Installing Flush-mounted Lights

Intro

Replacing a ceiling fixture is simple. The old fixture's hardware often can be reused, and the new fixture usually comes with necessary hardware too.

Compare the wattage of the new fixture with the old one to be sure it provides the amount of light you want. Choose a fixture with a canopy large enough to cover any imperfections in the ceiling or use a medallion.

Wires in a ceiling box may contain cracked or brittle insulation due to overheating. Repair these before installing a new fixture. Ground the new fixture if possible. If it is being installed in a metal box, connect the fixture ground lead to the box and to the house ground wire. Check local building codes.

Checklist

Time
About 30 minutes to remove a fixture and install a replacement, as long as there are no problems with the hardware

Tools
Screwdriver, strippers, side cutters, voltage tester, ladder

Skills
Stripping wire, splicing stranded wire to solid wire

Prep
Spread a drop cloth on the floor below; set up a stable, nonconductive ladder

Materials Replacement fixture, wire nuts (the ones that come with the fixture may be too small), electrician's tape

Step 1

Shut off power to the circuit. Open the fixture. Remove the nut or screws holding the fixture to the box and pull the fixture down. Remove the wire nuts and check for power in the box. Pull the leads off the house wires and remove the fixture.

Step 2

If the existing mounting hardware does not fit the new fixture or if it doesn't have a grounding screw, remove it and attach a new strap to the box.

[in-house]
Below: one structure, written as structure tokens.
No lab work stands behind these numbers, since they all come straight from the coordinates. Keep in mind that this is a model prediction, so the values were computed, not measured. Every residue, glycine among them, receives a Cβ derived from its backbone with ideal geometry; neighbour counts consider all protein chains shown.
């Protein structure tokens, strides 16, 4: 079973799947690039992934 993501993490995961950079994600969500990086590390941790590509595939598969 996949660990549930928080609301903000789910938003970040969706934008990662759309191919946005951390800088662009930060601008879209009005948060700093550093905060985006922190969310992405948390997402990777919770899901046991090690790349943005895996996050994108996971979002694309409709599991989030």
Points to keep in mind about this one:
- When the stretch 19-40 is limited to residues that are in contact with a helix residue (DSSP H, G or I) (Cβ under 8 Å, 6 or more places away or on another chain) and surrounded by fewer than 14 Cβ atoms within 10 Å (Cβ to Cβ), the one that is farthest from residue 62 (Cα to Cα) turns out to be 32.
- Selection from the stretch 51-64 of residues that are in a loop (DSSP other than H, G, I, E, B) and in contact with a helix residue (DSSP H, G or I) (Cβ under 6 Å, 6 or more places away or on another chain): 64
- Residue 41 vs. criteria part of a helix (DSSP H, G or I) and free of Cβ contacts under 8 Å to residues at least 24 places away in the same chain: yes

Step 3

Support a heavy fixture with a wire coat hanger while you work. Connect the ground wire. Splice the white lead to white wire and black to black. Wrap the wire nuts with electrician's tape. The insulation may be in your way, but don't remove it; it's a safety feature.

Step 4

Fold the wires up into the box. Start one mounting screw, then the other, then tighten them. If the fixture has keyhole-shape screw holes, attach the screws to the box; slip the fixture over the large holes. Rotate the canopy so the screws fit into the smaller slots and tighten the screws.

What If the Fixture Has a Center Mounting Hole? Step 1

Some fixtures mount with a nipple (short threaded pipe) and a nut in the center rather than two screws. Install a strap and screw in a nipple. If the nipple that comes with the fixture is too short or too long, purchase another one.

What If the Fixture Has a Center Mounting Hole? Step 2

After wiring the fixture, slide the canopy up so the nipple pokes down through the center hole. Screw on and tighten the mounting nut.

Step 5

The setscrews that hold the globe may already be in the base or may have to be installed. Push the globe to raise the lip above all the setscrews, then hand-tighten all the setscrews evenly.

What If the New Fixture's Canopy Doesn't Cover the Old Hole?

If the new canopy is not large enough to cover holes or unpainted portions of the ceiling or if you simply want to add a decorative touch, purchase a medallion. Hold it against the ceiling while you wire the fixture. Before tightening the canopy see that the medallion is centered.


Comments (2)
8373970968
mnethgs wrote:

wiring on new fixture are both black. how do i know which one to link them to. the wiring in the ceiling are the same also.

12/15/2010 09:33:49 AM Report Abuse
januargern wrote:

What does it mean, "check for power in the box"? We've already shut the circuit.

8/26/2010 10:27:42 AM Report Abuse
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